Figure 1
figure 1

Schematic force profile. The force increase applied externally by the tester during the MMT consists of the four illustrated phases. (according to Bittmann et al.39).

Prior to the study, both testers proofed their ability to test in a reproducible way by performing 10 repeated force increases against a stable resistance in the MMT setting of the hip flexors. The setting was equivalent to the here performed one (see below), except for a fixed leg of the participant to exclude its reaction as a second influencing factor39. The force profiles of both testers are illustrated in Fig. 2. The coefficient of variation of the maximum force amounted 5.6% (tester 1) and 4.6% (tester 2), respectively. Both testers showed a reliable slope from start to maximum force comparing the 10 trials with an intraclass correlation coefficient of ICC(3,1) = 0.992 (tester 1) and 0.995 (tester 2), respectively. Furthermore, the inter-tester reproducibility of both testers is considered as high with ICC(3,1) = 0.989 and Cronbach’s alpha of 1.0. Therefore, the force profiles of the two experienced testers, which performed the MMT here, can be considered as reliable. Group comparisons between experienced, little experienced and unexperienced testers showed significant differences in several parameters of force profile in a previous study39.

Figure 2
figure 2

Repeated force profiles against a stable resistance. Ten repeated force profiles of tester 1 (female, red) and tester 2 (male, blue) against a stable resistance in the MMT setting of the hip flexors (filtered with Butterworth, cut-off frequency 20 Hz, filter degree 5). (according to Bittmann et al.39).

Setting and procedure

Prior to the measurements, the participant was introduced to the procedure and gave its written consent to participate. Subsequently, the MMT of hip flexors was executed preliminarily. In case of full stability, those were chosen for the investigation. If it did not fulfil this requirement, the elbow flexors were used provided the MMT was fully stable. Afterwards, the participants selected the most pleasant and most disgusting odours out of 12 standardized sniffing sticks (olfasense GmbH) (rating − 5 or + 5 on a scale of − 5 (disgust) to + 5 (pleasant)). Those sniffing sticks are normally used for testing the olfactory capacity in clinical circumstances, e.g., in Parkinson’s disease. After a break for neutralization of the olfactory sense, the AF of the participant was tested by the MMT performed by the same tester with the handheld device while smelling at different odours (single-blinded, randomized): 3 × neutral, 3 × pleasant, 3 × disgusting (in some subjects less than three trials per odour were performed; 1 trial had to be excluded because of technical problems; for further information see supplementary material Table S2). A double-blinded study is not possible since the participant will always smell the odour. However, the participants were instructed to not show any reaction with respect to the odours, so that the tester was not influenced by possible hints on which odour was presented. The order of stick presentation was randomized. An assistant gave the sticks to the participant and recorded the measurements. Tester 1 tested n = 6 subjects (1 × elbow flexors, 5 × hip flexors), tester 2 tested n = 4 subjects (1 × elbow flexors, 3 × hip flexors) (for further information see supplementary material Table S2).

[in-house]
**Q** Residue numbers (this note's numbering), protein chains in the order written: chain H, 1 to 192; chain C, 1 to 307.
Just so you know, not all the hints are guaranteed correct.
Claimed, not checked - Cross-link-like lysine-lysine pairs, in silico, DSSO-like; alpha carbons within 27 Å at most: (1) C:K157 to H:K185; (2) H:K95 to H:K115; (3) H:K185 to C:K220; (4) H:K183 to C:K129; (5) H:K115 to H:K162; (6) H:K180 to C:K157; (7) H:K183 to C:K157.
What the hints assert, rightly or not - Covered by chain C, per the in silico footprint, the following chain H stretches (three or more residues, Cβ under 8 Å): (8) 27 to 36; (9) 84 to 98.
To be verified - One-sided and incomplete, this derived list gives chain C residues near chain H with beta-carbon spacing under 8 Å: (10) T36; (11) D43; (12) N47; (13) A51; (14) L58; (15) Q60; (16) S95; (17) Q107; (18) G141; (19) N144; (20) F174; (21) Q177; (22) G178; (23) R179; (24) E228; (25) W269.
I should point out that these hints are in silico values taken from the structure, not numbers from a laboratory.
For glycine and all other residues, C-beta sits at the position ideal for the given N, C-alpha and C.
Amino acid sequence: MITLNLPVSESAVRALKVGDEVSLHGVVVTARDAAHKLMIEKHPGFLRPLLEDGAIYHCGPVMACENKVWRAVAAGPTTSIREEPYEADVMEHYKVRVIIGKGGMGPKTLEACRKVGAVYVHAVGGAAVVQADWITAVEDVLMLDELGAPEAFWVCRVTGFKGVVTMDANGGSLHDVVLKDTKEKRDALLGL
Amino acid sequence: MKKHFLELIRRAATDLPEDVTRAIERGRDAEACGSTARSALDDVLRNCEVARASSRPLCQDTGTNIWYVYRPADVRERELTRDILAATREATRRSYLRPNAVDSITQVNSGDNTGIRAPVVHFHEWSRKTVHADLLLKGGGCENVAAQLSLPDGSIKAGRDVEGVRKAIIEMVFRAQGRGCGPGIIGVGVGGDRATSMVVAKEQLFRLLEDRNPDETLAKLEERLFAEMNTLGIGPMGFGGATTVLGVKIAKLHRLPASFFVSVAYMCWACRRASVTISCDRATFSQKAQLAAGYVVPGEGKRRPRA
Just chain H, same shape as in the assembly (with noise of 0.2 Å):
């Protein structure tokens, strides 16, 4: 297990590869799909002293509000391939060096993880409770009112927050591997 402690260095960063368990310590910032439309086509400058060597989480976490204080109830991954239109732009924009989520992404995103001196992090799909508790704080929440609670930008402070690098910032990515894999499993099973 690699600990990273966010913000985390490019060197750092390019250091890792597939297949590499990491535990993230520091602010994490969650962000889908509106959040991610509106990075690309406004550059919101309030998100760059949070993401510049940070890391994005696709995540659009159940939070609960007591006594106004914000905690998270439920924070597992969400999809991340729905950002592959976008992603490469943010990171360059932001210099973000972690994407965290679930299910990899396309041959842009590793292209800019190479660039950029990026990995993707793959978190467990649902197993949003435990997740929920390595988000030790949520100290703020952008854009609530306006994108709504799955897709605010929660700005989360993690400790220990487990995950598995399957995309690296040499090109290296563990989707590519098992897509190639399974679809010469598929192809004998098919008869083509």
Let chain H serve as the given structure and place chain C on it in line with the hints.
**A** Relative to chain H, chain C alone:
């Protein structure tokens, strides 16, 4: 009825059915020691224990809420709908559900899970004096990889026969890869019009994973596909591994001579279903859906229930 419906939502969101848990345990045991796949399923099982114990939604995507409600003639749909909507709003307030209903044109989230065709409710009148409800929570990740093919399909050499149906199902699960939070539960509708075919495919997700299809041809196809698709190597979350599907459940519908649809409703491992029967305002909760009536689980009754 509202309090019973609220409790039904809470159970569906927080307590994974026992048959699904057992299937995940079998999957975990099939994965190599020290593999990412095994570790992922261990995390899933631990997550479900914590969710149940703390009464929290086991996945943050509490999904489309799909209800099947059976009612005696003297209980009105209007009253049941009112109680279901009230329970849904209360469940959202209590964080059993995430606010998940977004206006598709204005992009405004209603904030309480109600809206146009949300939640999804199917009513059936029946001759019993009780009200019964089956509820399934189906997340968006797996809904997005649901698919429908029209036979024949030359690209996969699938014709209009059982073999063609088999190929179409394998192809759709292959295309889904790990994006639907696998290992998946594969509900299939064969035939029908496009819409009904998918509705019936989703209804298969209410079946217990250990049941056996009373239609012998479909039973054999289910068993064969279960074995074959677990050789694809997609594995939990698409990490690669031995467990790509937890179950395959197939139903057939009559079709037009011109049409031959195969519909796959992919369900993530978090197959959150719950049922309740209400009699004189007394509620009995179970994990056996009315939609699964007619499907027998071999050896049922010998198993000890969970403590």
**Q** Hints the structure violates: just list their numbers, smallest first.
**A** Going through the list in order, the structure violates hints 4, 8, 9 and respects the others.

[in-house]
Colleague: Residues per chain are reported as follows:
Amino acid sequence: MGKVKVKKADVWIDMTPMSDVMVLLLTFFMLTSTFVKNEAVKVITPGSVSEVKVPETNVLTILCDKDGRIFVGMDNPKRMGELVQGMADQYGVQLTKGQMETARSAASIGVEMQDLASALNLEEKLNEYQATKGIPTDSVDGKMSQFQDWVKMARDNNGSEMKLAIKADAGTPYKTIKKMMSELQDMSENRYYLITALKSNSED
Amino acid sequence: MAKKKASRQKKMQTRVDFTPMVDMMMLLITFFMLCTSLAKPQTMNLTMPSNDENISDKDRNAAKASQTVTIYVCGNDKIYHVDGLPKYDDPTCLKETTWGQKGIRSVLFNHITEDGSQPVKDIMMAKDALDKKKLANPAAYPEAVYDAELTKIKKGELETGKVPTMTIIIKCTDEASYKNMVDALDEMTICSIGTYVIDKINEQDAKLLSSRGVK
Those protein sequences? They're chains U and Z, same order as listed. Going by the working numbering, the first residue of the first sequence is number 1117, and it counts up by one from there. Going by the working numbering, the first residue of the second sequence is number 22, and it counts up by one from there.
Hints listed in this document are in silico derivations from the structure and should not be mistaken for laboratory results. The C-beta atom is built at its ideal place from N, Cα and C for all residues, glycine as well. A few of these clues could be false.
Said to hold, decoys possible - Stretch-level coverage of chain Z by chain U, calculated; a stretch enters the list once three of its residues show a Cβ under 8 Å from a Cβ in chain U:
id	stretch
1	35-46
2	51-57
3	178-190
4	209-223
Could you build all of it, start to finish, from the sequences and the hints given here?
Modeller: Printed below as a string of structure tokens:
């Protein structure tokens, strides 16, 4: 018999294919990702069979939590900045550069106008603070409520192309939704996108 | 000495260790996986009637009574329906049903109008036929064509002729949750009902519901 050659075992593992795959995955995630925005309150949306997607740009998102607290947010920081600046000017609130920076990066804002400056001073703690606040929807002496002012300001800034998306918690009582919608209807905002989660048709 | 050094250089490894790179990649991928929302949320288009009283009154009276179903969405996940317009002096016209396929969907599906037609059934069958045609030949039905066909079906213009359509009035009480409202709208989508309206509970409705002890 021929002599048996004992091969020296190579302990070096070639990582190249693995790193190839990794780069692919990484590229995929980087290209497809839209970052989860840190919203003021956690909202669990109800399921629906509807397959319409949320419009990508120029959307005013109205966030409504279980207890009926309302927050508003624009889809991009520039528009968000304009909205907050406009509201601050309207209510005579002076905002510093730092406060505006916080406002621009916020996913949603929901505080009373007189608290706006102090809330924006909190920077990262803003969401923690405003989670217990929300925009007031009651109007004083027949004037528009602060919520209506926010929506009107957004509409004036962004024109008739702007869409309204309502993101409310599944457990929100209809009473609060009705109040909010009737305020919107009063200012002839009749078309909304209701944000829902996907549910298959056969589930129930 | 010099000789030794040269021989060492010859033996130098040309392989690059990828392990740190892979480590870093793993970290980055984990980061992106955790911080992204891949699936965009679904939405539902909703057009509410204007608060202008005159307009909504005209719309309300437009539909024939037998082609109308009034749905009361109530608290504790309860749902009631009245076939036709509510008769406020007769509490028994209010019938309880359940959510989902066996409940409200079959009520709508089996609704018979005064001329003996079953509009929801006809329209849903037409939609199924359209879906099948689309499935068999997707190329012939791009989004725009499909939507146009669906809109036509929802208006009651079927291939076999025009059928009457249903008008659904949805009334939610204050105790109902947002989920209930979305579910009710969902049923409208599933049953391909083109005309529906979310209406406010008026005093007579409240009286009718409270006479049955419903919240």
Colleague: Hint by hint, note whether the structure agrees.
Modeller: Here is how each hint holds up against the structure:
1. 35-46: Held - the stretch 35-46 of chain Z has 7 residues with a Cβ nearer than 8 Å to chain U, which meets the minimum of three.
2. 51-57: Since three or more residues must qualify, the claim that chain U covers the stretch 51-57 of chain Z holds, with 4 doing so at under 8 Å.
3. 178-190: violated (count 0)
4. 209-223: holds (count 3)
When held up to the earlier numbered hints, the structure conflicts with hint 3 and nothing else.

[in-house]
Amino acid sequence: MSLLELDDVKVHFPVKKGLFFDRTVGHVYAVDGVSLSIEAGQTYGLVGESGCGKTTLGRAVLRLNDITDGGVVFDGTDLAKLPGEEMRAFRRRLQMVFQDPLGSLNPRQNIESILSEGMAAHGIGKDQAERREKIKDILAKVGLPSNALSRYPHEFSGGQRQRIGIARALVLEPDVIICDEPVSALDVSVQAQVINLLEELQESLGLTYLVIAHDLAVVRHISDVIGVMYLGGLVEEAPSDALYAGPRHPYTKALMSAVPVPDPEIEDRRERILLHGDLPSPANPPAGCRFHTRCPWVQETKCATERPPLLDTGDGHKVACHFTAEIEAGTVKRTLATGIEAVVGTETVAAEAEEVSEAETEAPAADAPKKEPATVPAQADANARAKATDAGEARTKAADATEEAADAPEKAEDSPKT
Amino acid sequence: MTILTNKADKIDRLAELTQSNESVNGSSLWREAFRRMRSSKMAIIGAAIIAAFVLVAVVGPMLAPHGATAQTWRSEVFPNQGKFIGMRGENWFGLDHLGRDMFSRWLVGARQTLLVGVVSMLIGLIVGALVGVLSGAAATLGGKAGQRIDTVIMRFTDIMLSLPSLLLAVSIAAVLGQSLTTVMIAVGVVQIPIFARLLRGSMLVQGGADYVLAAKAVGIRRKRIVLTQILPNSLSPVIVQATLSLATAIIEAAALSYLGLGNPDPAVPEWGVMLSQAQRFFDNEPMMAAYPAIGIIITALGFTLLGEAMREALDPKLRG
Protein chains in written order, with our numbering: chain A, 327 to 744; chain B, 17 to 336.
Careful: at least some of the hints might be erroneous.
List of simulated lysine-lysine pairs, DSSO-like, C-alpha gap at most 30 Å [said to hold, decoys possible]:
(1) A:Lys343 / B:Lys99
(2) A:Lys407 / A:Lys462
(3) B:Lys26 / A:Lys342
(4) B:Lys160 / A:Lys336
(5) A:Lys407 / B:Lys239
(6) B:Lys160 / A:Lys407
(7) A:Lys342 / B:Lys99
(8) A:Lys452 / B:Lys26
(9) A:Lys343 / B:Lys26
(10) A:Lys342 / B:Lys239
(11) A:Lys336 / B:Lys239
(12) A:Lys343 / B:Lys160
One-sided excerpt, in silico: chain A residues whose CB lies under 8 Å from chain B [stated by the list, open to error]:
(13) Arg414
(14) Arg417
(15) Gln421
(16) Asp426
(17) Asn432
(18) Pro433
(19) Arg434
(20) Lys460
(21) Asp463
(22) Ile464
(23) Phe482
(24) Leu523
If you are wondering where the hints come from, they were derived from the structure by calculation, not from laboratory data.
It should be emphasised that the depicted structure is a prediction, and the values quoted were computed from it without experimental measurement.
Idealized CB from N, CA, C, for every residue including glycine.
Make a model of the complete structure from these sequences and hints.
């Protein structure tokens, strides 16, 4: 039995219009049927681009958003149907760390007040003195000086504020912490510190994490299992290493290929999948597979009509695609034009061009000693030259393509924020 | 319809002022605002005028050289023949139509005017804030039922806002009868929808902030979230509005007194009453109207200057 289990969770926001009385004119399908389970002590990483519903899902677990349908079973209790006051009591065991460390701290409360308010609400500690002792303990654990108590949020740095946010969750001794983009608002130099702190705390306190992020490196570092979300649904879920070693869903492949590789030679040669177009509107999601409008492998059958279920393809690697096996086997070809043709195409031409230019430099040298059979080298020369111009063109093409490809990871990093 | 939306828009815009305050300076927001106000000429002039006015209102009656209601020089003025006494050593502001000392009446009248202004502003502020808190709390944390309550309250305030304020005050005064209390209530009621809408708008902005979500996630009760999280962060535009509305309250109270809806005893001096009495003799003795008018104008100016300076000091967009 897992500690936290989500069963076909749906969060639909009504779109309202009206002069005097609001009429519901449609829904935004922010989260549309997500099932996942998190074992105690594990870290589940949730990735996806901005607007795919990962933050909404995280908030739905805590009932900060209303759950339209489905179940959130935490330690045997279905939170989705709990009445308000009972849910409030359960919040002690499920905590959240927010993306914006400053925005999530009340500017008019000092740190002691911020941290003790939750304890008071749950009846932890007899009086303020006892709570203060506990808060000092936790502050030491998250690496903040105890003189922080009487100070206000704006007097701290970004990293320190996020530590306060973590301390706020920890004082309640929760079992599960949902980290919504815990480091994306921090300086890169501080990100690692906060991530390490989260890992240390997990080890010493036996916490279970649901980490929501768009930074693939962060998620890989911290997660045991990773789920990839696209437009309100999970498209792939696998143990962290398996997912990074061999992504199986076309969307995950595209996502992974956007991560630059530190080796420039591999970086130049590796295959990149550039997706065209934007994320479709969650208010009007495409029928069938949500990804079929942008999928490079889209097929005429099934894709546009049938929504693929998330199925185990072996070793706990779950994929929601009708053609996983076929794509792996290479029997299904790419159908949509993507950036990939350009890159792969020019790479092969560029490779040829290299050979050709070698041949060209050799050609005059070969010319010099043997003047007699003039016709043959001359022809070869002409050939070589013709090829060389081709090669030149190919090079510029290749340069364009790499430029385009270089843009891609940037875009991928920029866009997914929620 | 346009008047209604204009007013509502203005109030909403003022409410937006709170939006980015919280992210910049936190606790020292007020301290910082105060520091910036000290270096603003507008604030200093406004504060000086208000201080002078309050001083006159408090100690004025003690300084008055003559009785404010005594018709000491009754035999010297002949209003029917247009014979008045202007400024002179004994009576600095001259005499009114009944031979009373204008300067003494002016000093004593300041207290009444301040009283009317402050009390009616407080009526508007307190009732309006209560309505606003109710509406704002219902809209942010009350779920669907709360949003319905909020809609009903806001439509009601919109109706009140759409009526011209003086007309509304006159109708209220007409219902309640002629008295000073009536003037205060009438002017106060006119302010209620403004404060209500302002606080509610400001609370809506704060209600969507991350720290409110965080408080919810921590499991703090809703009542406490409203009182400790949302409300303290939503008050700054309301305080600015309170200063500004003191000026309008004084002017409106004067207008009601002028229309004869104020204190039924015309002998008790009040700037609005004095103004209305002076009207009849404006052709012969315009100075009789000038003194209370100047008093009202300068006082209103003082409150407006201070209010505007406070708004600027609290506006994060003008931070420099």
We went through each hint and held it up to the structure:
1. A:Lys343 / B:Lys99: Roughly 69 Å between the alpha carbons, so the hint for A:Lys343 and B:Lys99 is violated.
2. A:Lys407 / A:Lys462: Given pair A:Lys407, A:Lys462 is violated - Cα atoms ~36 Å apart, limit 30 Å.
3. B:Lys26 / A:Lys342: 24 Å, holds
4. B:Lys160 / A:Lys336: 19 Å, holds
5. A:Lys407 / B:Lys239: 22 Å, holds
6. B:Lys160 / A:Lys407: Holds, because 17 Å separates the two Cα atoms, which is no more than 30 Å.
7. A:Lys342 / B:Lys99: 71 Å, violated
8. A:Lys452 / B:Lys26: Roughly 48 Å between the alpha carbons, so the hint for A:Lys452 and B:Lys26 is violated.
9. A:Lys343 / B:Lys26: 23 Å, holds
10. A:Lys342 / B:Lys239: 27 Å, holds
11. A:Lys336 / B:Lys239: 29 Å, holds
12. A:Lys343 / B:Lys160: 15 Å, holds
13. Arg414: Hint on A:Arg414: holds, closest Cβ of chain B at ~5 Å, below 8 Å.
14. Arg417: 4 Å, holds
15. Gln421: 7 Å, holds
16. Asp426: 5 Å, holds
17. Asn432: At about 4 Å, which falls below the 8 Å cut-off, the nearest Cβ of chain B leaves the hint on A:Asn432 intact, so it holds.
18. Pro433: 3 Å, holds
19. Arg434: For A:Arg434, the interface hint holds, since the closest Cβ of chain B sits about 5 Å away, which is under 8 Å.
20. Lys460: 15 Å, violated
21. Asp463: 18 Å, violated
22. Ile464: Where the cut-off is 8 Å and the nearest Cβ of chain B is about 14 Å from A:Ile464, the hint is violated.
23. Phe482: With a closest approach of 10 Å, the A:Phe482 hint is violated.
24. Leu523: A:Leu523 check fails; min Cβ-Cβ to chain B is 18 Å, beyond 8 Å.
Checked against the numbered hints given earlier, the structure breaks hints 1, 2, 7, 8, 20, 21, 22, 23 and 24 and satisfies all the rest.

The MMT was performed in the following way: the subject lay in supine position with a hip and knee angle of 90° for testing the hip flexors (Fig. 3b). The tester had contact to the distal end of the thigh of the participant. The handheld device (Fig. 3a) was located between the tester’s palm and the participant’s thigh to measure the dynamics and kinematics during the MMT. For testing the elbow flexors, the participant was supine and flexed its elbow joint in 90° with a maximal supination (Fig. 3c). The tester had contact with the handheld device at the distal forearm of the participant. In both settings, the exact placement of the device at the respective limb was marked to reproduce the position during subsequent measurements. The force rise was applied by the tester in direction of muscle lengthening of the participant’s hip flexors (hip extension) or elbow flexors (elbow extension), respectively.

Figure 3
figure 3

Setting of the manual AF measurements. The handheld device (a) is placed between the palm of the tester and the limb of the participant; (b) manual muscle test (MMT) of the hip flexors; (c) MMT of the elbow flexors. The sniffing stick (olfasense) is held by the participant to his or her nose to smell the odour during the MMT.

The task of the participant was to maintain (hold isometrically) the respective starting position for as long as possible while adapting to the external force rise applied by the tester. The handheld device detected the limb position during the force rise. After the test, the tester gave his or her judgement regarding the subjectively felt stability during the test. In case, the position of the limb stayed stable by maintaining the same muscle length and joint angle during the whole duration of force rise the MMT was assessed as “stable”. If the participant merged into eccentric muscle action in the course of force increase the MMT was rated as “unstable”.

Data processing and statistical analysis